Google launches a podcast app for Android with personalized recommendations | Tech News

Google today is introducing its first standalone podcast app for Android. The app, called simply Google Podcasts, will use Google’s recommendation algorithms in an effort to connect people with shows they might enjoy based on their listening habits. While podcasts have previously been available on Android through Google Play Music and third-party apps, Google says the company expects Podcasts to bring the form to hundreds of millions of new listeners around the world.

“There’s still tons of room for growth when it comes to podcast listening,” said Zack Reneau-Wedeen, product manager on the app. Creating a native first-party Android app for podcasts ”could as much as double worldwide listenership of podcasts overall,” he said.

Google Podcasts will look familiar to anyone who has used a podcast app before. It lets you search for new podcasts, download them, and play them at your convenience. More than 2 million podcasts will be available on the app on launch day, Google says, including “all of the ones you’ve heard of.”


Open the app, and a section called “For you” shows you new episodes of shows you’ve subscribed to, episodes you’ve been listening to but haven’t finished, and a list of your downloaded episodes. Scroll down, and you’ll see top and trending podcasts, both in general and by category. The podcast player has fewer fine-grained controls than you might be used to from apps like Overcast. You can’t customize the skip buttons or create playlists of podcasts to listen to, for example.

The Podcasts app is integrated with Google Assistant, meaning you can search for and play podcasts wherever you have Assistant enabled. The company will sync your place in a podcast across all Google podcasts, so if you listen to half a podcast on your way home from work, you can resume it on your Google Home once you’re back at the house.

In the coming months, Google plans to add a suite of features to Podcasts that are powered by artificial intelligence. One feature will add closed captions to your podcast, so you can read along as you listen. It’s a feature that could be useful to people who are hard of hearing or for anyone who is listening in a noisy environment. (I usually miss a few minutes of the podcasts I listen to every day, thanks to a noisy subway ride.)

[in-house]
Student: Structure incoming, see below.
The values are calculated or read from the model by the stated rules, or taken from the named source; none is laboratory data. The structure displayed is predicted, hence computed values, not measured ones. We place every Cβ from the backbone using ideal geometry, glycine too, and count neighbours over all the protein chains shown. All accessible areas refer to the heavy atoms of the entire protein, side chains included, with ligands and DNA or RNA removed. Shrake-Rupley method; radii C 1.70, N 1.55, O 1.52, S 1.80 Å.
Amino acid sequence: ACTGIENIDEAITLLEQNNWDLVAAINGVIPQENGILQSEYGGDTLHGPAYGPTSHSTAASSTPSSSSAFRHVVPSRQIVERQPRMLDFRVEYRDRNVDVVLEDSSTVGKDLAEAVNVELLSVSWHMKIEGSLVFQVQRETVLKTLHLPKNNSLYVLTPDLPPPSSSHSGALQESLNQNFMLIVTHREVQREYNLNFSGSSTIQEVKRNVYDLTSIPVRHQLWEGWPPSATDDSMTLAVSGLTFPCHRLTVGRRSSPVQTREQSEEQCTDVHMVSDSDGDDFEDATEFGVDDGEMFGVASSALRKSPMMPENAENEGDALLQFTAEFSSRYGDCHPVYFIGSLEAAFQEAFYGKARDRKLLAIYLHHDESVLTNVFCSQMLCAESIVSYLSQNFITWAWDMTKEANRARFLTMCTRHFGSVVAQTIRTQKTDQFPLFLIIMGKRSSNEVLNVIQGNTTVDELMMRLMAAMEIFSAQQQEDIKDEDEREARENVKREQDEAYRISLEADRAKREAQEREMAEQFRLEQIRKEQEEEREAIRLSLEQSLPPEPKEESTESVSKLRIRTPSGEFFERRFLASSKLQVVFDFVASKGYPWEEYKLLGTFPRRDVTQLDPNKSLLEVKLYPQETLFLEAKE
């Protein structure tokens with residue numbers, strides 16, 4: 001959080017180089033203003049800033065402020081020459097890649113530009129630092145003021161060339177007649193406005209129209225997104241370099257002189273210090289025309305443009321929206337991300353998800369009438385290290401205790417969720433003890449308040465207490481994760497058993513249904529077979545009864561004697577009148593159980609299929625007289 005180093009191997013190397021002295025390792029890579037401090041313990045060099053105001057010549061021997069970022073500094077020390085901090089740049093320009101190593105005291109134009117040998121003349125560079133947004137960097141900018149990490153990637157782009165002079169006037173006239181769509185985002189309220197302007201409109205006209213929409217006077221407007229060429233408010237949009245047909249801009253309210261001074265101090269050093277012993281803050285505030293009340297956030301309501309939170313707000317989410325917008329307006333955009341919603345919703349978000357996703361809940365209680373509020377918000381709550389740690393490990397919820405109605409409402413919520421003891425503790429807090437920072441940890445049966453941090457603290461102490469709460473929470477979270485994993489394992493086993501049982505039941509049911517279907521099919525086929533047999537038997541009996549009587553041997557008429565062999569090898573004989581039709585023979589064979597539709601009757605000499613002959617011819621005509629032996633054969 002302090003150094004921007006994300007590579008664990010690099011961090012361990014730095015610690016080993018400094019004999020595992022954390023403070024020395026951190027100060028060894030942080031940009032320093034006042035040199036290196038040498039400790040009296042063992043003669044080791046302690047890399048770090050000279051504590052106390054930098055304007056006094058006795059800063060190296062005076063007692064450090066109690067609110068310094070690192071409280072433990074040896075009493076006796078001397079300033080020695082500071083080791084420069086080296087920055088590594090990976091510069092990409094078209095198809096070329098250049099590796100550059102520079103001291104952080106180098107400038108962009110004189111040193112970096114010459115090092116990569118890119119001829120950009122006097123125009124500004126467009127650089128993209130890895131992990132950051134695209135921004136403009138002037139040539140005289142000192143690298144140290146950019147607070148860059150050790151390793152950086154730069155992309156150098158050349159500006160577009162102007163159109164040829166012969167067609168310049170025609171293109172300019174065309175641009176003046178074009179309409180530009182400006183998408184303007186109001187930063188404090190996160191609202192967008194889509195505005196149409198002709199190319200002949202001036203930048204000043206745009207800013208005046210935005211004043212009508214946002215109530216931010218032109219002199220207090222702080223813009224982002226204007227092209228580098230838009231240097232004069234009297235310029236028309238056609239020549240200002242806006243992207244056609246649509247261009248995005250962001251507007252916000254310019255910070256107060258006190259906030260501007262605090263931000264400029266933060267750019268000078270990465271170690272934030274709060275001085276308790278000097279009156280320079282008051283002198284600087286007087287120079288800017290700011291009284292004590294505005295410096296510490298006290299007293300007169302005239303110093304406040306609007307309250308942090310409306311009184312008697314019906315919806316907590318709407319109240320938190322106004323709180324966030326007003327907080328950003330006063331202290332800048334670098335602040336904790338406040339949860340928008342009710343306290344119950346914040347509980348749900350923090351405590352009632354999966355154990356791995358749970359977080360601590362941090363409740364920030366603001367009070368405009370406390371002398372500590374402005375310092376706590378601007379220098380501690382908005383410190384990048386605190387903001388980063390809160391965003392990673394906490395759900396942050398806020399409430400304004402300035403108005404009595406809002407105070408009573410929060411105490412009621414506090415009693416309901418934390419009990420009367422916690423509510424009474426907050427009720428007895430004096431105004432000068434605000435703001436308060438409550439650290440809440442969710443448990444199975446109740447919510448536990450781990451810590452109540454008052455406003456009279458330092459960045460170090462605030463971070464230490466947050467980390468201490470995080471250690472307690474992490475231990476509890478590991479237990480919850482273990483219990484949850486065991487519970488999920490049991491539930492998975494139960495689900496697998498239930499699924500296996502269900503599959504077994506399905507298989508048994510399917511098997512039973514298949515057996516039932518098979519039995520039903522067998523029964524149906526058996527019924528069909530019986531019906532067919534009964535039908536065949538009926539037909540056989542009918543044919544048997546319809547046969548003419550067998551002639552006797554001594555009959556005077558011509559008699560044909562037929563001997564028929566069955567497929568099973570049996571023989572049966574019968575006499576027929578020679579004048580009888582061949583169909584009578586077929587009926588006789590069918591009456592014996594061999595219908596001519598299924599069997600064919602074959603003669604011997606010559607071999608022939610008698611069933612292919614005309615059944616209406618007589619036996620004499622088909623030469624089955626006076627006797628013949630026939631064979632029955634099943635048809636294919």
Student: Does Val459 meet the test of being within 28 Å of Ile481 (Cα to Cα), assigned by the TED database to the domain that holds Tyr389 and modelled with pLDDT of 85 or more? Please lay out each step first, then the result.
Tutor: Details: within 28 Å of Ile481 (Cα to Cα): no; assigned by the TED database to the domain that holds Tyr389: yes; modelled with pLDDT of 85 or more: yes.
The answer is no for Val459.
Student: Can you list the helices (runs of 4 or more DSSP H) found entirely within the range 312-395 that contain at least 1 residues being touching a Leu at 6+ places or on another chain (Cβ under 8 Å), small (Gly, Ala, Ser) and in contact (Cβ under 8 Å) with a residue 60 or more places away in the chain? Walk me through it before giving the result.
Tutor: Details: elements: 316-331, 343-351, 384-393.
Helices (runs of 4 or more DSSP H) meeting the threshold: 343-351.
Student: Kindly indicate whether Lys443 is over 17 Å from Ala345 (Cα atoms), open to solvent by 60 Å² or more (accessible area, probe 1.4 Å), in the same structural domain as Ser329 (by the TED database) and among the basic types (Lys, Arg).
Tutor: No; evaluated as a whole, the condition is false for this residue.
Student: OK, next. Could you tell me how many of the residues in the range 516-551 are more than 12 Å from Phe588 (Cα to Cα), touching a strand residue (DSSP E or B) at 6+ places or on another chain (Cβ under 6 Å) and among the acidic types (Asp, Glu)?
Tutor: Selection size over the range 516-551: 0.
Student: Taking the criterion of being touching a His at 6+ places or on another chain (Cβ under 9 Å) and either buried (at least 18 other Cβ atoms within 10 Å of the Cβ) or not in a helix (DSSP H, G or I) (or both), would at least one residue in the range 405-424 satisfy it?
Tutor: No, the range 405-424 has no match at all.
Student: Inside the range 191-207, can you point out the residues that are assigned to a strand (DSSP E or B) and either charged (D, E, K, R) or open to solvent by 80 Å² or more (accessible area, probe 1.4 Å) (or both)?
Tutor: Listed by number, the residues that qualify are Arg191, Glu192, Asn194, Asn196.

Closed captions also mean that you’ll be able to skip ahead to see what’s coming up later in a show. Eventually, you’ll be able to read real-time live transcriptions in the language of your choice, letting you “listen” to a podcast even if you don’t speak the same tongue as the host.

Google also wants to expand the number of people making podcasts. The company’s research showed that only one-quarter of podcast hosts are female, and even fewer are people of color. In an effort to diversify the field, Google formed an independent advisory board that will consider ways to promote podcast production outside of the handful of major metropolitan areas in the United States that currently dominate the field.

Google will not pay any creators to make podcasts directly, the company said, but it will likely explore ways of giving podcasts from underrepresented creators extra promotion. It’s also examining ways to make recording equipment more accessible to people who can’t afford it.

If you already listen to podcasts on Google Play Music, nothing will change today. But the company made it clear that it plans to focus its future efforts around podcasting in the standalone app.

The Android app can be downloaded here. There are currently no plans for an iOS app.


On the Converge podcast, Google’s Mark Risher tells us why everything we know about passwords is wrong.

Listen to it here or on Apple Podcasts, Google Play Music, or Spotify.

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